Venus, by comparison, is a warm and hospitable place of social interaction and empathy, but not a great deal of sex. Every time he meets a woman, he weighs her up as a potential sexual partner, and, he thinks, other men do the same.“It’s a natural animal element of sustaining life.” As a happily married man, with many female friends and colleagues, it would perhaps be imprudent of me to comment.But focusing on the differences exaggerates those differences.All of the above stereotypes have a degree of truth – but the effect is far less pronounced than we imagine it to be.
Men and women are similar in many ways, but they are usually different in one: their sexual organs.
And so they are – but we should be careful with them.
Stereotypes are useful because they often give us good information about groups, says Prof Nicholas Epley, a University of Chicago psychologist and author of Mindwise: How we understand what others think, believe, feel and want.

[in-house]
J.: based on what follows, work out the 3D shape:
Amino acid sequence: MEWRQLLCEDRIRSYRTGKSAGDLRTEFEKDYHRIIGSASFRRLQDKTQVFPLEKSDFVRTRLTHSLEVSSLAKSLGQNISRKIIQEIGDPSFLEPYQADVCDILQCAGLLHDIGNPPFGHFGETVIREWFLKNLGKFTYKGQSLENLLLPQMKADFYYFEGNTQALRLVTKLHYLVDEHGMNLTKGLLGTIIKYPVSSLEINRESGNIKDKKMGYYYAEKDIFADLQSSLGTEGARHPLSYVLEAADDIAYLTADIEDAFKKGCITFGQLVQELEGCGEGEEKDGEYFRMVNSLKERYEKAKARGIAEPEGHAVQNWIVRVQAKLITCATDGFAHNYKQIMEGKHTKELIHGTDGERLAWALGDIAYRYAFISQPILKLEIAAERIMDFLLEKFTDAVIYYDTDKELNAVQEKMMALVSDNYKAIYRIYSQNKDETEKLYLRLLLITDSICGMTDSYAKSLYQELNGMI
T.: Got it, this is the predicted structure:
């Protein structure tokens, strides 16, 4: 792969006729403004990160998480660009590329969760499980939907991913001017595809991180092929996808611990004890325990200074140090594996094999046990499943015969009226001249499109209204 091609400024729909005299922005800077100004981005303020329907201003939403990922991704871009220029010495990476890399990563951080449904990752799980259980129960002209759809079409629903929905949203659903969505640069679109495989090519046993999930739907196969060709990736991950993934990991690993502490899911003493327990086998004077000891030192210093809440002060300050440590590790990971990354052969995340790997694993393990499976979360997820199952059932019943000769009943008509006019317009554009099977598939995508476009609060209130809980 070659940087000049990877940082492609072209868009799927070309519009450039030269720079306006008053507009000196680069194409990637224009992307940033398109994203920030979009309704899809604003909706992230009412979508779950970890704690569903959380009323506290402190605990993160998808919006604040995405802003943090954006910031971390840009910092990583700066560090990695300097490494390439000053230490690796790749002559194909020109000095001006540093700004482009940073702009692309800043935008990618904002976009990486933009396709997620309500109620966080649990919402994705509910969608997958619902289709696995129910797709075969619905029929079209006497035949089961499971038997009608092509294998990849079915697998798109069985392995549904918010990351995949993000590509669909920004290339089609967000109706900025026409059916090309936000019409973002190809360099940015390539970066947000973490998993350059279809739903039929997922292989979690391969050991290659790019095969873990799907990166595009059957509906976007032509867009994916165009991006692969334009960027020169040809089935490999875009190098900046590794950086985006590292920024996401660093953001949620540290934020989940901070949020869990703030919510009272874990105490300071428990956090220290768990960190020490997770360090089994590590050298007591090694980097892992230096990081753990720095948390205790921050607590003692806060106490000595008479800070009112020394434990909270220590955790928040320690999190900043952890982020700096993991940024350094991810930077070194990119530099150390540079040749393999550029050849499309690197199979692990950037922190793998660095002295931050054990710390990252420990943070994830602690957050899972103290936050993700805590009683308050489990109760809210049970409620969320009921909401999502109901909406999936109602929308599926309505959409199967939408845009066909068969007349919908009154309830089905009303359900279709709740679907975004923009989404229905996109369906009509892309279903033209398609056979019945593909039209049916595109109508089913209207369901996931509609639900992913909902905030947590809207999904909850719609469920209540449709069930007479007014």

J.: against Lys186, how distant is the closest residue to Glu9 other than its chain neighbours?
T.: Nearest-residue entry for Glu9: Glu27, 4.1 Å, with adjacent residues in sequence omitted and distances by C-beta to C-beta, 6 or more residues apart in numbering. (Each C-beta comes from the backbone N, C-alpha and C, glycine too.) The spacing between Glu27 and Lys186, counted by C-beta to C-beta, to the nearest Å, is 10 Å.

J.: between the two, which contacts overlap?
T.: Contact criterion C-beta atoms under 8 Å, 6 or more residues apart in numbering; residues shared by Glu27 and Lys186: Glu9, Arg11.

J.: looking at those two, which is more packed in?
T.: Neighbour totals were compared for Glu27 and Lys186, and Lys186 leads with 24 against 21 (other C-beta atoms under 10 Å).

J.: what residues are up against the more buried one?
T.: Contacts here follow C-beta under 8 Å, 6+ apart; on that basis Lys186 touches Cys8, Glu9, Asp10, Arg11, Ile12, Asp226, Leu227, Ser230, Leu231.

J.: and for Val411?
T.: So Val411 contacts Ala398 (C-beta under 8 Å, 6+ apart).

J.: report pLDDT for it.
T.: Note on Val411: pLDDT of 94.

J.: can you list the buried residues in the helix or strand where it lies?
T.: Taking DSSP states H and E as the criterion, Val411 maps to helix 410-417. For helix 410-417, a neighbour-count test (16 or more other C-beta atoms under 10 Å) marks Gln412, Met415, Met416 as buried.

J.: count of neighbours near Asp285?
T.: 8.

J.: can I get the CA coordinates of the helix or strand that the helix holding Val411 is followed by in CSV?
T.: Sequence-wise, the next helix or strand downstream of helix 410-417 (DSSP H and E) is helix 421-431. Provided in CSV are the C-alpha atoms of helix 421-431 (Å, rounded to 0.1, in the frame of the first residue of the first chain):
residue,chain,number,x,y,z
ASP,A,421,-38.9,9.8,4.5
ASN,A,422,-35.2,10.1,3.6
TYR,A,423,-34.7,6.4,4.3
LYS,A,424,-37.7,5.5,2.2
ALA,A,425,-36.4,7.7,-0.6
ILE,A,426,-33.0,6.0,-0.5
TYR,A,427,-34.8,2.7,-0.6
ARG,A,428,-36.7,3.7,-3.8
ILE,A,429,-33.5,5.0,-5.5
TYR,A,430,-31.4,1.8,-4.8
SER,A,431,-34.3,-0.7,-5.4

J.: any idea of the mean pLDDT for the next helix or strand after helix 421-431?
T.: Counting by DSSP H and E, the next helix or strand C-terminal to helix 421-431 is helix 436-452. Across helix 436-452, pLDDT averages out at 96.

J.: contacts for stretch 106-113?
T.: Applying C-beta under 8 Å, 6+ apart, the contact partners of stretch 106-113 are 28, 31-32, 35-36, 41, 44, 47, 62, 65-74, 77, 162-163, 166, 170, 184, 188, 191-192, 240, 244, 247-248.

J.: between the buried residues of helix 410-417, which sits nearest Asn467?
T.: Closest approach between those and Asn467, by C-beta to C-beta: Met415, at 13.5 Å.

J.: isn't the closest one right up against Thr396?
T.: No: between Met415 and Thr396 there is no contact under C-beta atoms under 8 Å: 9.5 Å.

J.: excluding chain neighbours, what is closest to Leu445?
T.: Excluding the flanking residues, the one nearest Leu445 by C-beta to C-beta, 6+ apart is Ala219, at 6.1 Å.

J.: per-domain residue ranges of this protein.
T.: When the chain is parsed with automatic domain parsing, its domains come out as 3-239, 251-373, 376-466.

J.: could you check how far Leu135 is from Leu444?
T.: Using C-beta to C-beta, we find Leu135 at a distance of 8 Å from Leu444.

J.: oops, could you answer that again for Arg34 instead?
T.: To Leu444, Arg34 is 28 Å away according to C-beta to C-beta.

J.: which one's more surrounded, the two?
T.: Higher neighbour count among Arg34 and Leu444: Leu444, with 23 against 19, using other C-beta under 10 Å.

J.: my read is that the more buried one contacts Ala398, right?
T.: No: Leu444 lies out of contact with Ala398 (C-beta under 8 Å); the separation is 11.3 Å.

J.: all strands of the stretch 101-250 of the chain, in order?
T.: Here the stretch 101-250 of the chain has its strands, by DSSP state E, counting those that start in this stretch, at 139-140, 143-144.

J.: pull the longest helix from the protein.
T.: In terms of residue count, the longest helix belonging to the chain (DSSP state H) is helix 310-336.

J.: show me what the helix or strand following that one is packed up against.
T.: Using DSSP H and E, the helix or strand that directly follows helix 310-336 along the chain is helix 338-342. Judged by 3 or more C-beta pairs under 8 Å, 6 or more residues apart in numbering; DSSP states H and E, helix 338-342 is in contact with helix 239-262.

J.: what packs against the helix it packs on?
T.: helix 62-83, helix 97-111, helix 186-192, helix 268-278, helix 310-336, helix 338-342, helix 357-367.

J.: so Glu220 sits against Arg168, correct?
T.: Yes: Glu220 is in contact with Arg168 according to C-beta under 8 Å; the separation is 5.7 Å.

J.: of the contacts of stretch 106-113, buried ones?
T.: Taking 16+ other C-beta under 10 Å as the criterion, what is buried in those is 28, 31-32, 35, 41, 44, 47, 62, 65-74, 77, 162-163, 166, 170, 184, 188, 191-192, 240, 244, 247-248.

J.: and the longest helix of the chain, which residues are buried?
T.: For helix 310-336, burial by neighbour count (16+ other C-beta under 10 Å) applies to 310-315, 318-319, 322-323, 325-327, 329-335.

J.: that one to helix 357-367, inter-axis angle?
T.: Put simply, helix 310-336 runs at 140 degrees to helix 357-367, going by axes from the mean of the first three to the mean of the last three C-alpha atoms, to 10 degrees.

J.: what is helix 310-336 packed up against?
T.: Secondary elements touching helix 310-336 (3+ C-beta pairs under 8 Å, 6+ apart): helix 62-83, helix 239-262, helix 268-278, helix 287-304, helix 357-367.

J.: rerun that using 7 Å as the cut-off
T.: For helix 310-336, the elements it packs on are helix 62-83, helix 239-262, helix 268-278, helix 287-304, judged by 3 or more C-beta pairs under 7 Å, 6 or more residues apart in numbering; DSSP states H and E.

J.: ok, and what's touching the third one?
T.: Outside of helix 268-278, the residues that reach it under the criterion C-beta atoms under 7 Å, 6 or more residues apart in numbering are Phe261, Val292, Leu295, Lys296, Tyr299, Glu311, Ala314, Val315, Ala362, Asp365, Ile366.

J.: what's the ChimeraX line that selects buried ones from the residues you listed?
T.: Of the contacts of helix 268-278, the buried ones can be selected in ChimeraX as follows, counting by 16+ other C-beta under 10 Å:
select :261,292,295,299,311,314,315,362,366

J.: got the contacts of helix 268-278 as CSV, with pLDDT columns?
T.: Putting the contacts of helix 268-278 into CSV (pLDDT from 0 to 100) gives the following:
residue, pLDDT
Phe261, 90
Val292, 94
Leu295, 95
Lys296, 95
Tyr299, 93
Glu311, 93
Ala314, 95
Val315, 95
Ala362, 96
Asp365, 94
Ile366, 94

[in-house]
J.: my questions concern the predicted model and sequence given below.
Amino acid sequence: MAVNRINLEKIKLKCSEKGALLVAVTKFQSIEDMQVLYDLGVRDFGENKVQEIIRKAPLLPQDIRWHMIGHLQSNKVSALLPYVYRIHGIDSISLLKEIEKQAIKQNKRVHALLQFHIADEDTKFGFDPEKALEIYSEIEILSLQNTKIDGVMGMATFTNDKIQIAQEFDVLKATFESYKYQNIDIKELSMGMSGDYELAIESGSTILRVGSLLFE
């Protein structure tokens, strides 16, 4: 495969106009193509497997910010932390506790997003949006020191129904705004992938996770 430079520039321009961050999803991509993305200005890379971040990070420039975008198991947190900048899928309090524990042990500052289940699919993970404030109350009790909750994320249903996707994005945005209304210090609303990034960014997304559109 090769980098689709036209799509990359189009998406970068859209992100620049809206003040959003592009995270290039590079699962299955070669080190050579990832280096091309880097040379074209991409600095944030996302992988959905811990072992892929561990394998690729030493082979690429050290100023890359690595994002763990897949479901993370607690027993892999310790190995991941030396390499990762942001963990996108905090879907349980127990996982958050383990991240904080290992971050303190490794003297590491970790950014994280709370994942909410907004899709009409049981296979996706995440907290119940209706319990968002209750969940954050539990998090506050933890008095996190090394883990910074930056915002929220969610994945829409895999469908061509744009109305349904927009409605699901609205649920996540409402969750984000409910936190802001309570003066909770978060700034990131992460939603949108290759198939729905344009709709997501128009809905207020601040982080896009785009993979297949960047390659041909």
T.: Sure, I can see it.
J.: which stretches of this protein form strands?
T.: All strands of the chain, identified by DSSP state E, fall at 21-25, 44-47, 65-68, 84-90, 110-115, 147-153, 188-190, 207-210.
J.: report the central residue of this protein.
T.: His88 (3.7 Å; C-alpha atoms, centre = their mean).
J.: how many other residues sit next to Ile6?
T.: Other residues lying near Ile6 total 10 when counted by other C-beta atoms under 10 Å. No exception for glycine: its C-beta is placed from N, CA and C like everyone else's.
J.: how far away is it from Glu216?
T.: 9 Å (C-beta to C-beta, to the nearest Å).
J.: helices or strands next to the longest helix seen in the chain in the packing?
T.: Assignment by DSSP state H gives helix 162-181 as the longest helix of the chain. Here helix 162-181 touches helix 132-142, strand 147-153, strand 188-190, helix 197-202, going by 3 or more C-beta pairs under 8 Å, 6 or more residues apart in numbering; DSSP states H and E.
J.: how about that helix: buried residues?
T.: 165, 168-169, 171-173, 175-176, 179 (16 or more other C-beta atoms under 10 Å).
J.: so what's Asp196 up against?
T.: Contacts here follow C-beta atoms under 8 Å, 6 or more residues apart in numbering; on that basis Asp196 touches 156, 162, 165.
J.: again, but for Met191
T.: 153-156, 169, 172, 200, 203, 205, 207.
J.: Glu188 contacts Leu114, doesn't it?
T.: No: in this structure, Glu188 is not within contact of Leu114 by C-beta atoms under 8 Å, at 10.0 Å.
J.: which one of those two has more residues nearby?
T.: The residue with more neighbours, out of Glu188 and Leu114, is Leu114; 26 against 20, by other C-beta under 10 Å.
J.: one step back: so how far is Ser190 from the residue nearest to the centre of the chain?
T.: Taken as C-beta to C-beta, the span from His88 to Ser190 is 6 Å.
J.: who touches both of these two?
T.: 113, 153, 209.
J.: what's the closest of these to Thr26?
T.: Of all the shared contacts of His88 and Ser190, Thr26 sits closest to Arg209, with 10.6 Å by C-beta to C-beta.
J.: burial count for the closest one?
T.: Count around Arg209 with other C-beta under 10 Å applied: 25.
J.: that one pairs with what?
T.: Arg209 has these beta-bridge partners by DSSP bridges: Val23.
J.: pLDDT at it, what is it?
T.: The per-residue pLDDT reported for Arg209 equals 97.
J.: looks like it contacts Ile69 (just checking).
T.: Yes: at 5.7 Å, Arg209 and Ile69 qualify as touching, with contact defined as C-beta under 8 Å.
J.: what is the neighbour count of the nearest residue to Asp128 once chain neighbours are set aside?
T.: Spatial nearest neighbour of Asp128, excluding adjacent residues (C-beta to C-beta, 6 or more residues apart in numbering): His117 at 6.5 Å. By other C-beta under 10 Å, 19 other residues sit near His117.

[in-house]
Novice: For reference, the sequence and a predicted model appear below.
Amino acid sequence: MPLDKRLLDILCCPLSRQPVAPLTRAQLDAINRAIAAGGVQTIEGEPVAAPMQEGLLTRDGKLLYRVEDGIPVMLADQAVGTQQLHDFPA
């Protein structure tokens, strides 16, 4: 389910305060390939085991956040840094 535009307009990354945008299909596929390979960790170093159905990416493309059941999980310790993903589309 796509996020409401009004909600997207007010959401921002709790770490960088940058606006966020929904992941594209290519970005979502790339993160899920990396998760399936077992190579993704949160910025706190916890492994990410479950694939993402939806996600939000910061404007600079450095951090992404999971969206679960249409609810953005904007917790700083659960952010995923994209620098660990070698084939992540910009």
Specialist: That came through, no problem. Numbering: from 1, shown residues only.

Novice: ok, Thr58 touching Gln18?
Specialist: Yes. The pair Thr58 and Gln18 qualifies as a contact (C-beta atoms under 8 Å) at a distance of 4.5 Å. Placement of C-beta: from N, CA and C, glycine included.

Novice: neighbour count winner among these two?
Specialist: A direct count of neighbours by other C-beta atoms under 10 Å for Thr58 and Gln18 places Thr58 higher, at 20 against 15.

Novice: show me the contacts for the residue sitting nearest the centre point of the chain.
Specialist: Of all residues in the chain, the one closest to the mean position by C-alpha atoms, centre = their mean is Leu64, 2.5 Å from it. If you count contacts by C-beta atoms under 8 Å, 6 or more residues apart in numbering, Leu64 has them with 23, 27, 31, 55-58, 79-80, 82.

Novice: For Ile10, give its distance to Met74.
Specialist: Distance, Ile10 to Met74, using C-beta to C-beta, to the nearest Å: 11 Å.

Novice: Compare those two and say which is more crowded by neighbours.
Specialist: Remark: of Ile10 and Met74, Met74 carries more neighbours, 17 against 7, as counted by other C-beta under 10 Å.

It’s something we find elsewhere in the animal kingdom – and, intriguingly, when the parental roles are reversed, so are sexual habits. And they tend to be choosy, because they bear the higher cost.” And it’s not a Just So story, which evolutionary psychology is sometimes accused of.
In one review of the literature, “not one study found that women think about sex more than men,” says Dr Fleischman.